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Toyota set to smash hybrid sales record
Huge 25K hybrid sales total in Toyota’s grasp this year as C-HR, Corolla join club
29 Nov 2019
TOYOTA is on track to smash its sales record for petrol-electric vehicle sales in Australia, with the market-leading brand set to achieve more than double its annual sales figures of recent years.
Speaking to journalists at the launch of the all-new Corolla sedan and updated C-HR last week, Toyota Australia vice-president of sales and marketing Sean Hanley said reports citing poor take-up of electrified vehicles in Australia were overblown.
“I have to say I do get a little frustrated when I read headlines suggesting there’s a poor take-up of alternative-powertrain vehicles in Australia,” he said.
“And I say that because right now, the best way to cut fossil fuel consumption and CO2 emissions is to buy a hybrid electric vehicle. Australian motorists are responding to this fact.
“As a result, our hybrid electric sales are prospering like never before. This year, I expect we’ll sell around 25,000 hybrid vehicles, and that will indeed smash previous records.”
Recording 25,000 electrified vehicle sales in a year would be a huge step up over its previous annual records, with the Japanese car-maker chalking up 11,590 hybrid sales in 2018, and 8433 in 2017, meaning this year’s tally would eclipse the last two years combined.
The main stimulus for the sales growth has been an increase in choice, with new hybrid variants launching across a number of Toyota’s passenger car and SUV model lines.
Last week marked the launch of the Corolla sedan and C-HR which offer hybrid power for the first time, joining Camry, RAV4, Corolla hatch, Prius, Prius C and Prius V.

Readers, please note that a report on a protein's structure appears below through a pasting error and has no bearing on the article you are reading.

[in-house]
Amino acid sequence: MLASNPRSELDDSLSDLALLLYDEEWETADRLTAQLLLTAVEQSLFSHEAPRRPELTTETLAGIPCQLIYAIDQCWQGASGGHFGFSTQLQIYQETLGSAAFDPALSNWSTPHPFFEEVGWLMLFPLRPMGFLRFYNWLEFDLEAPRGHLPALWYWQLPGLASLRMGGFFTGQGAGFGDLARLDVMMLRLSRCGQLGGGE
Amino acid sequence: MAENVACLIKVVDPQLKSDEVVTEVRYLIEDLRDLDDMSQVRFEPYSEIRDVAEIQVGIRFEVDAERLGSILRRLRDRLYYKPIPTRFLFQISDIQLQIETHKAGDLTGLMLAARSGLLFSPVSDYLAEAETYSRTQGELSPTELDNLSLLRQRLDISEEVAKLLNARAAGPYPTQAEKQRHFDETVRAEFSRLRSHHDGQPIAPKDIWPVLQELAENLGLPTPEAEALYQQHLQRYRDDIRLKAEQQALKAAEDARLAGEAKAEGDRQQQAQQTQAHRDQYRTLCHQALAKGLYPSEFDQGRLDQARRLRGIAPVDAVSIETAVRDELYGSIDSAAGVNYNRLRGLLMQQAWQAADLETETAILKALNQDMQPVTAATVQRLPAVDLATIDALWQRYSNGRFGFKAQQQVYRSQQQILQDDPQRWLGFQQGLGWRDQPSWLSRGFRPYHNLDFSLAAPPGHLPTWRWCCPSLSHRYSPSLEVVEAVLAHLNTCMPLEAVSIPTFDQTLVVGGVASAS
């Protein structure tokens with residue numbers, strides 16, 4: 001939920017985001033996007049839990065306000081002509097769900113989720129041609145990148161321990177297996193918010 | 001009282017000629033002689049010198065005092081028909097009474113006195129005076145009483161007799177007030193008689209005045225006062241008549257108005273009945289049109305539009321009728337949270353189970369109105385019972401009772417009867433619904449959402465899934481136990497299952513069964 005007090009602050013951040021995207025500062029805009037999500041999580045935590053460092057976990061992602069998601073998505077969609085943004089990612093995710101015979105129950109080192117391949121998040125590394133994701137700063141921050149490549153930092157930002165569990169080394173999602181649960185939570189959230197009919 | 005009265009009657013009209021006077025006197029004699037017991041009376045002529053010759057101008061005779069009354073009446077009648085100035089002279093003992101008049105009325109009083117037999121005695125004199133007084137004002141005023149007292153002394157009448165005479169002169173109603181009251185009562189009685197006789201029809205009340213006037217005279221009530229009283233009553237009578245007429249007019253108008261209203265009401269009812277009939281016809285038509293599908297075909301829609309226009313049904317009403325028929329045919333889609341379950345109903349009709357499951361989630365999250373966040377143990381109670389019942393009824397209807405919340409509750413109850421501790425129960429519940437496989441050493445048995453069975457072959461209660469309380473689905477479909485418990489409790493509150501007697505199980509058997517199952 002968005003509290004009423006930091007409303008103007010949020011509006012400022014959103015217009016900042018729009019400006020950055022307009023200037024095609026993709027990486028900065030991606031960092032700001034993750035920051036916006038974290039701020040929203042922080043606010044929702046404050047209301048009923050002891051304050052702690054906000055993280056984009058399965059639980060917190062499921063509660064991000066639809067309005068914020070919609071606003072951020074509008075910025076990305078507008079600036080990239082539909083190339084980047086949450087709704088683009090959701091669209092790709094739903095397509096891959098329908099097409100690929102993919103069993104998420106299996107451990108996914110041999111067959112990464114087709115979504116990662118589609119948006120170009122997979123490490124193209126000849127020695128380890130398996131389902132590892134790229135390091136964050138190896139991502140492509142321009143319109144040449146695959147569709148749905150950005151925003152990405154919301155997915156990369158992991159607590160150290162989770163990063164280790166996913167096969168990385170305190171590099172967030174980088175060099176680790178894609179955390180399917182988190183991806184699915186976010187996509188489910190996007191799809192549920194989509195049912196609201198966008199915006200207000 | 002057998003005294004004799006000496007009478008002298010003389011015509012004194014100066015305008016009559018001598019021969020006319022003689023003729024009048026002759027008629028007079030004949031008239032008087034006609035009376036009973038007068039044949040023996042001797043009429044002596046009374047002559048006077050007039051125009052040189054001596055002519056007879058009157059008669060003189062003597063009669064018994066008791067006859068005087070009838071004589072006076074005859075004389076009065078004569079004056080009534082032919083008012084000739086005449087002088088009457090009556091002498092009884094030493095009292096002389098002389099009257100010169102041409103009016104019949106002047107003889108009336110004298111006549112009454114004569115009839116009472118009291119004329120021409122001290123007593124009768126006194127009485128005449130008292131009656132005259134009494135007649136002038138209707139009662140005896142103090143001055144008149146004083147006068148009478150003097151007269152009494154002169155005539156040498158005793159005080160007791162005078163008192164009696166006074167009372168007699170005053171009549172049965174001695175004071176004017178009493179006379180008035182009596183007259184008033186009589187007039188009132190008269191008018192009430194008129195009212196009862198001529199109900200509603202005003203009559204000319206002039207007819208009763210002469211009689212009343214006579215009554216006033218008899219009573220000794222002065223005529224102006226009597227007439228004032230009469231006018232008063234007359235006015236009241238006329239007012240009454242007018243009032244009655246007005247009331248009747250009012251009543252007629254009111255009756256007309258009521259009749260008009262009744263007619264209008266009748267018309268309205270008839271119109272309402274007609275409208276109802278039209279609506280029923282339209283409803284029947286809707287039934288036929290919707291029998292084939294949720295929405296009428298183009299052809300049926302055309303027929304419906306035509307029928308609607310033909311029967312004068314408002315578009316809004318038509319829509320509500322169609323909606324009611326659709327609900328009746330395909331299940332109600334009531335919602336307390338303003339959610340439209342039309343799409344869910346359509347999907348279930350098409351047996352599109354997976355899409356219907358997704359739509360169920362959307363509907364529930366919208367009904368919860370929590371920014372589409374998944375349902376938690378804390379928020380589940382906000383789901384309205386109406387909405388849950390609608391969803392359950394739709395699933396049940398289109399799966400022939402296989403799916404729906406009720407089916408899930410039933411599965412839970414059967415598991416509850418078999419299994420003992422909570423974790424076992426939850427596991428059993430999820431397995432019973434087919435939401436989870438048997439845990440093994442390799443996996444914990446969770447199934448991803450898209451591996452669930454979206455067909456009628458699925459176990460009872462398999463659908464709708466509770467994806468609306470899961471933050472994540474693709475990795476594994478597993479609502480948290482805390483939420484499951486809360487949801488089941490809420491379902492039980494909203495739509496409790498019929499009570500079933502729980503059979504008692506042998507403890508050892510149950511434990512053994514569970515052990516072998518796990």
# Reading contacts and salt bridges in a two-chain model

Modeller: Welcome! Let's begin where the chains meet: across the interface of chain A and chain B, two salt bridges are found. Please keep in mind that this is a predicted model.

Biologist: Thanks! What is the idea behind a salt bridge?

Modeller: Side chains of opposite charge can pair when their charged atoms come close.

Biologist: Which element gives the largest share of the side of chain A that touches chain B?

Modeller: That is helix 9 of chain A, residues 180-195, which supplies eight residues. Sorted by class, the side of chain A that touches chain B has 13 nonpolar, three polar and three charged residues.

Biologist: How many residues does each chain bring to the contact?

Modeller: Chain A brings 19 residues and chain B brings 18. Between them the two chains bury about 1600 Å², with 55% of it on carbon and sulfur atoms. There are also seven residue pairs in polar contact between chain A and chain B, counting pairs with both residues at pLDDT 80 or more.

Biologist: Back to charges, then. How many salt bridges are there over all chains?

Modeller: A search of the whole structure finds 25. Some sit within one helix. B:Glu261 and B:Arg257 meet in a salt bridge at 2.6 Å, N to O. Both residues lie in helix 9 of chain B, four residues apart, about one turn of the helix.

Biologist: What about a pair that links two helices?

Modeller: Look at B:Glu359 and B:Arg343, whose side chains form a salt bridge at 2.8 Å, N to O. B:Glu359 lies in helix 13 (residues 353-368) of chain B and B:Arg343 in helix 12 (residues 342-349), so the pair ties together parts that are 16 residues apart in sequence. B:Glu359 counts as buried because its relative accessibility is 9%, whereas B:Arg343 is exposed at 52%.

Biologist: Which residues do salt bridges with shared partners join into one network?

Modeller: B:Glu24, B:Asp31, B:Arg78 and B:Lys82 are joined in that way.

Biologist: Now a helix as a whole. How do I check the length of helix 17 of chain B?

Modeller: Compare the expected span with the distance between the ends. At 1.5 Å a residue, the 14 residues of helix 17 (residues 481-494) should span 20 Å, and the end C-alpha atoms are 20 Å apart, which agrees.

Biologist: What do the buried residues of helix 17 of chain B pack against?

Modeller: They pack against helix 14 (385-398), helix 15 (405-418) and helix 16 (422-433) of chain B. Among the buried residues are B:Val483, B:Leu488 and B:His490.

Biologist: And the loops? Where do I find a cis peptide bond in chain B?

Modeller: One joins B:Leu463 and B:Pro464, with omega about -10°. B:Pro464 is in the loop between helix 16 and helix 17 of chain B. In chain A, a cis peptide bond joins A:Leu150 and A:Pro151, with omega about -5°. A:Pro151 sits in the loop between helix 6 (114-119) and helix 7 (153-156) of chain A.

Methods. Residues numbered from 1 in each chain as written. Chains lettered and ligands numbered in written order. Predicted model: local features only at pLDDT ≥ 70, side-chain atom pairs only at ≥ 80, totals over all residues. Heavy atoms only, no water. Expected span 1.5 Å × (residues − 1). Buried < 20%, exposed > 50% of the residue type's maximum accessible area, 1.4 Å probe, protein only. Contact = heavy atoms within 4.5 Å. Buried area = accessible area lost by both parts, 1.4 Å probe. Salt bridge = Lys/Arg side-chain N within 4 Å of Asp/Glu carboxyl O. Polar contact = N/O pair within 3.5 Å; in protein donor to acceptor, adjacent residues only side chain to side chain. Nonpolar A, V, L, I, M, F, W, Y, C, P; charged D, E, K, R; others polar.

Mr Hanley said the Corolla hatch, Camry and RAV4 have been the main sales drivers, and added that the company’s hybrid sales would be even better with an unfettered supply.
“Monthly sales of Corolla hatch are currently running at more than one third of total sales, and we’re expecting the same for the sedan,” he said.
“Demand is even stronger for RAV4, and hybrid is responsible for more than 50 per cent of Camry sales last month.
“Our order bank tells us these figures will only get stronger in the future; if we had free supply, I have no doubt we would be selling even more.”
Mr Hanley added that with the increased success of hybrid sales, TMCA expects 20 per cent of its overall sales volume in 2020 will be made up of hybrids.
In recent years, Toyota Australia has recorded annual sales north of 200,000 units, meaning in 2020 the company plans to sell at least 40,000 hybrids.
“At some point next year, I remain confident that hybrid electric will reach 20 per cent of Toyota’s total monthly sales – 20 per cent in 2020,” he said.
“I do like the sound of 20 per cent of course, because when you look at our overall market share, that is also heading towards the 20 per cent mark.”
Toyota launched its first hybrid offering, the Prius, in October 2001, and according to the brand, is the only car-maker to have continuously offered an alternative-powertrain model since that time.
The company plans to offer alternative propulsion on all of its models in the future, with the new-generation Yaris due next year to be offered with a hybrid powertrain in Australia for the first time, while the popular Kluger large SUV could also be a contender for a hybrid, with Lexus offering a hybrid V6 in its mechanically related RX.
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